Availability of data and materials
The completed genome sequence of S. maltophilia strain ZT1 has been deposited into GenBank database with accession number CP071784.
Hu LF, Xu XH, Li HR, Gao LP, Chen X, Sun N, Liu YY, Ying HF, Li JB. Surveillance of antimicrobial susceptibility patterns among Stenotrophomonas maltophilia isolated in China during the 10-year period of 2005–2014. J Chemother. 2018;30(1):25–30.
Adegoke AA, Stenstrom TA, Okoh AI. Stenotrophomonas maltophilia as an emerging ubiquitous pathogen: looking beyond contemporary antibiotic therapy. Front Microbiol. 2017;8:2276.
Alsuhaibani M, Aljarbou A, Althawadi S, Alsweed A, Al-Hajjar S. Stenotrophomonas maltophilia bacteremia in children: risk factors and mortality rate. Antimicrob Resist Infect Control. 2021;10(1):19.
Brooke JS. Stenotrophomonas maltophilia: an emerging global opportunistic pathogen. Clin Microbiol Rev. 2012;25(1):2–41.
Pinski A, Zur J, Hasterok R, Hupert-Kocurek K. Comparative genomics of Stenotrophomonas maltophilia and Stenotrophomonas rhizophila revealed characteristic features of both species. Int J Mol Sci. 2020. https://doi.org/10.3390/ijms21144922.
Yero D, Huedo P, Conchillo-Sole O, Martinez-Servat S, Mamat U, Coves X, Llanas F, Roca I, Vila J, Schaible UE, et al. Genetic variants of the DSF quorum sensing system in Stenotrophomonas maltophilia influence virulence and resistance phenotypes among genotypically diverse clinical isolates. Front Microbiol. 2020;11:1160.
Han L, Zhang RM, Jia L, Bai SC, Liu XW, Wei R, Cui CY, Sun RY, Wang MG, Cai DT, et al. Diversity of L1/L2 genes and molecular epidemiology of high-level carbapenem resistance Stenotrophomonas maltophilia isolates from animal production environment in China. Infect Genet Evol. 2020;86:104531.
Esposito A, Pompilio A, Bettua C, Crocetta V, Giacobazzi E, Fiscarelli E, Jousson O, Di Bonaventura G. Evolution of Stenotrophomonas maltophilia in cystic fibrosis lung over chronic infection: a genomic and phenotypic population study. Front Microbiol. 2017;8:1590.
Kaya M, Bestas R, Bacalan F, Bacaksiz F, Arslan EG, Kaplan MA. Microbial profile and antibiotic sensitivity pattern in bile cultures from endoscopic retrograde cholangiography patients. World J Gastroenterol. 2012;18(27):3585–9.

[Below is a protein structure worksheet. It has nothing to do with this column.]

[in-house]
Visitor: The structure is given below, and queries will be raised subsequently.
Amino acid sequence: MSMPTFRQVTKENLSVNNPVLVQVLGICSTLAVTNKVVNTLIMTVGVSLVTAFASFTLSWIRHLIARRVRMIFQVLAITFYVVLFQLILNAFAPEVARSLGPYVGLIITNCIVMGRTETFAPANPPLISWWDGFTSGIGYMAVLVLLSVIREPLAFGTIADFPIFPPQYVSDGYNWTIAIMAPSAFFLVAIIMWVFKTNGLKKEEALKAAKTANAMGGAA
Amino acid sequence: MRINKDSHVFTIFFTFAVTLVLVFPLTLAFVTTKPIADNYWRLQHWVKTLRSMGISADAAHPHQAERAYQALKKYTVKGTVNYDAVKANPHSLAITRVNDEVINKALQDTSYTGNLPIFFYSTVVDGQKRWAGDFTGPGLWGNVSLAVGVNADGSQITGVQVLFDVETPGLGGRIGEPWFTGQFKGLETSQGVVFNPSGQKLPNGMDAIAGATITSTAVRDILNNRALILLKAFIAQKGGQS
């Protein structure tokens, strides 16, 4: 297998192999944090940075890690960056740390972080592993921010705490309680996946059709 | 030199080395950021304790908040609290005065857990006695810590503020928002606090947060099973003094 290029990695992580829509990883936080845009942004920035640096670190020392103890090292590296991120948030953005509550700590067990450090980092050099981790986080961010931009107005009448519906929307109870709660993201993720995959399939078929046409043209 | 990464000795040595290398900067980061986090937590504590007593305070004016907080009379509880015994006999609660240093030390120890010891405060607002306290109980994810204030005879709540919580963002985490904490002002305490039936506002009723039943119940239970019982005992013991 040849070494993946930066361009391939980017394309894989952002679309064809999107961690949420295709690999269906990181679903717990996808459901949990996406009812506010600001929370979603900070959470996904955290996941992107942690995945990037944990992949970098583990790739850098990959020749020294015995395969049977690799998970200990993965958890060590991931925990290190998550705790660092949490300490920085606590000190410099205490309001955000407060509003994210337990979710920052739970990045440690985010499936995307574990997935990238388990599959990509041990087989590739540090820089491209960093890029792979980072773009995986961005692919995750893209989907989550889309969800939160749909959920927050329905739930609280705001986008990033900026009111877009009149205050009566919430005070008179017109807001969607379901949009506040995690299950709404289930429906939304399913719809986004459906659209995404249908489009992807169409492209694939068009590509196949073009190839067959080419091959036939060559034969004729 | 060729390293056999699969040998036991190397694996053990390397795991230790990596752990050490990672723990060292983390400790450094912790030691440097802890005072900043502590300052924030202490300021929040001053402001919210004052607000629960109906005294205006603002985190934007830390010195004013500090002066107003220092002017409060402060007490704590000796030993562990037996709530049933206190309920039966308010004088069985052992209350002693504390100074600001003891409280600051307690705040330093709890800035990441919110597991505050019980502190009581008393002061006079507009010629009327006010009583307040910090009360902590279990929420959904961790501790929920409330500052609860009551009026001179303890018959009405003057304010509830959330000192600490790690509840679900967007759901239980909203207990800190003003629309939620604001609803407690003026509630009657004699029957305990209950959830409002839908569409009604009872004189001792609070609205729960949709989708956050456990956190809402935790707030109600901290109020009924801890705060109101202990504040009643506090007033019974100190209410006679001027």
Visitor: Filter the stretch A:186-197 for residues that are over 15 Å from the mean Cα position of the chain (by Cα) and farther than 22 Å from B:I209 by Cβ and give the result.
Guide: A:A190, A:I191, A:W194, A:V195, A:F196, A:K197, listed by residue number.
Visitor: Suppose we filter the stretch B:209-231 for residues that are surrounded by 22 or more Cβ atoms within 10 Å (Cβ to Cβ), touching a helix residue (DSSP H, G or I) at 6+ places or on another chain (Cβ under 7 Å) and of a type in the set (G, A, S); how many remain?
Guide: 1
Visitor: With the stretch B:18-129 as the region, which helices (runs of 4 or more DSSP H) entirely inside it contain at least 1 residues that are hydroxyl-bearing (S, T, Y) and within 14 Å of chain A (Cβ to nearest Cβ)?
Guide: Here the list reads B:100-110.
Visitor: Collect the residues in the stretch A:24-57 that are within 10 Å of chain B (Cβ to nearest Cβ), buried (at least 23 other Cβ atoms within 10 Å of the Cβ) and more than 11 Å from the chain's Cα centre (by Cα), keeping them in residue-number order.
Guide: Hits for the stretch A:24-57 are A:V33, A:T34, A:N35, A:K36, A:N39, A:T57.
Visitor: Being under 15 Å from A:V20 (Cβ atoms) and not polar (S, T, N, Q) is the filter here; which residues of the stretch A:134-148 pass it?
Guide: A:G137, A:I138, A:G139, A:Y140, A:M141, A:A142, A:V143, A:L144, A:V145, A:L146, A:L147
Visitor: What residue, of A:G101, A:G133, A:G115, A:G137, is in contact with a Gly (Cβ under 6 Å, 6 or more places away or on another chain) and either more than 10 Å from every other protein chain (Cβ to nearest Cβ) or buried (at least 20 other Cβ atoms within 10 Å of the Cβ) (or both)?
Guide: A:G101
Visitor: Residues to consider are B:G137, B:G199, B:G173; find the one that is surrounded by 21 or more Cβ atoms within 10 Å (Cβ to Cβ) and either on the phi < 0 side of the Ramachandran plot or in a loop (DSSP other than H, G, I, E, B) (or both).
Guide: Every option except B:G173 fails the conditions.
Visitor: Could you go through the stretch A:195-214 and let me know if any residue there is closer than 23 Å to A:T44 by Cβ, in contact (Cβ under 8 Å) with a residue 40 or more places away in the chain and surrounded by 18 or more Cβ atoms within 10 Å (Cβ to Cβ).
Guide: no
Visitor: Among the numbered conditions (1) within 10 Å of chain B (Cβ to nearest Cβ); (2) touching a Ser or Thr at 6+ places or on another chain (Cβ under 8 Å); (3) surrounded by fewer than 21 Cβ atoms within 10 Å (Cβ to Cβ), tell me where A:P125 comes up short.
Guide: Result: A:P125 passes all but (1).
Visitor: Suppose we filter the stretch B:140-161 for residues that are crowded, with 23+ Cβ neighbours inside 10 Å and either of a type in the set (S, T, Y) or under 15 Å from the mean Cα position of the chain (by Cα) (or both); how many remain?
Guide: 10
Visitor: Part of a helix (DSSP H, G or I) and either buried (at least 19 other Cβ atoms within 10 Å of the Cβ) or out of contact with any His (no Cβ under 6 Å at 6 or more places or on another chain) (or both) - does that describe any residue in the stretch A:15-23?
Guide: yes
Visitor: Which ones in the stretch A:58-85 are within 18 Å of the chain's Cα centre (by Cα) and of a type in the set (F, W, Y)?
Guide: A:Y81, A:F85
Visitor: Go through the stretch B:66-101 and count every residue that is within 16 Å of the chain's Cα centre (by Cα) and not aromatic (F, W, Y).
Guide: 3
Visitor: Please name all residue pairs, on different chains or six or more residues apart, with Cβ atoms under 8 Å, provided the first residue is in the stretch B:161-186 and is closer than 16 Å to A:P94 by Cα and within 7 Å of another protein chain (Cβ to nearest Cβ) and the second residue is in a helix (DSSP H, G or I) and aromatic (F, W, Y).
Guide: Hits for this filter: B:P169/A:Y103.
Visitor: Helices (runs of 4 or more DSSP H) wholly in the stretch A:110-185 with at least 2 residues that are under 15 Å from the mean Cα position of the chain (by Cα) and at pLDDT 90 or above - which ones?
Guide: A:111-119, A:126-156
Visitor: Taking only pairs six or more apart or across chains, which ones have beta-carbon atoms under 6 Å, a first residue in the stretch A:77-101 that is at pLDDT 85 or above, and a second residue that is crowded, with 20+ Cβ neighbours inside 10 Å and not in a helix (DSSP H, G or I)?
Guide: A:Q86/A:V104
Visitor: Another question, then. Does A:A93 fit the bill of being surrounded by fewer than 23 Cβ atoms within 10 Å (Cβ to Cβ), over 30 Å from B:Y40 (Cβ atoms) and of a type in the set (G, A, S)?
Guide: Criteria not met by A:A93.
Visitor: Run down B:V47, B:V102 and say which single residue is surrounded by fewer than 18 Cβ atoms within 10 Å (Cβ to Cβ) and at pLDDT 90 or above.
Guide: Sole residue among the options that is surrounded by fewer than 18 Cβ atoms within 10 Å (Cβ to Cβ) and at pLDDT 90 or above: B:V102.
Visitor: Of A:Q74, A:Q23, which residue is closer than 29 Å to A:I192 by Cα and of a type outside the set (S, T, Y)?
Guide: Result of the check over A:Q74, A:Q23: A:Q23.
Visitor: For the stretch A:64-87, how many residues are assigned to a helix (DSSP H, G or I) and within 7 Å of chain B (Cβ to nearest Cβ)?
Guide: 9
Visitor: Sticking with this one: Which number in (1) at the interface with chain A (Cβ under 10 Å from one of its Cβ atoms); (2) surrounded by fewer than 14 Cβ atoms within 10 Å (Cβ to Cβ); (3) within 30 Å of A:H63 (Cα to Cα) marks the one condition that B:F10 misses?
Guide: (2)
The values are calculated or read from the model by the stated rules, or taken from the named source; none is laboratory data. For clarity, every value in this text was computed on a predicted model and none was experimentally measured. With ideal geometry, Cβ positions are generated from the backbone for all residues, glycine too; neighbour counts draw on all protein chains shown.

Yu T, Li L, Zhao Q, Wang P, Zuo X. Complete genome sequence of bile-isolated Enterococcus avium strain 352. Gut Pathog. 2019;11:16.
Jackman SD, Vandervalk BP, Mohamadi H, Chu J, Yeo S, Hammond SA, Jahesh G, Khan H, Coombe L, Warren RL, et al. ABySS 2.0: resource-efficient assembly of large genomes using a Bloom filter. Genome Res. 2017;27(5):768–77.
Luo R, Liu B, Xie Y, Li Z, Huang W, Yuan J, He G, Chen Y, Pan Q, Liu Y, et al. SOAPdenovo2: an empirically improved memory-efficient short-read de novo assembler. Gigascience. 2012;1(1):18.
Grant JR, Stothard P. The CGView server: a comparative genomics tool for circular genomes. Nucleic Acids Res. 2008. https://doi.org/10.1093/nar/gkn179.
Li L, Stoeckert CJ Jr, Roos DS. OrthoMCL: identification of ortholog groups for eukaryotic genomes. Genome Res. 2003;13(9):2178–89.
Edgar RC. MUSCLE: multiple sequence alignment with high accuracy and high throughput. Nucleic Acids Res. 2004;32(5):1792–7.
Guindon S, Dufayard JF, Lefort V, Anisimova M, Hordijk W, Gascuel O. New algorithms and methods to estimate maximum-likelihood phylogenies: assessing the performance of PhyML 3.0. Syst Biol. 2010;59(3):307–21.
Chen L, Zheng D, Liu B, Yang J, Jin Q. VFDB 2016: hierarchical and refined dataset for big data analysis–10 years on. Nucleic Acids Res. 2016;44(D1):D694-697.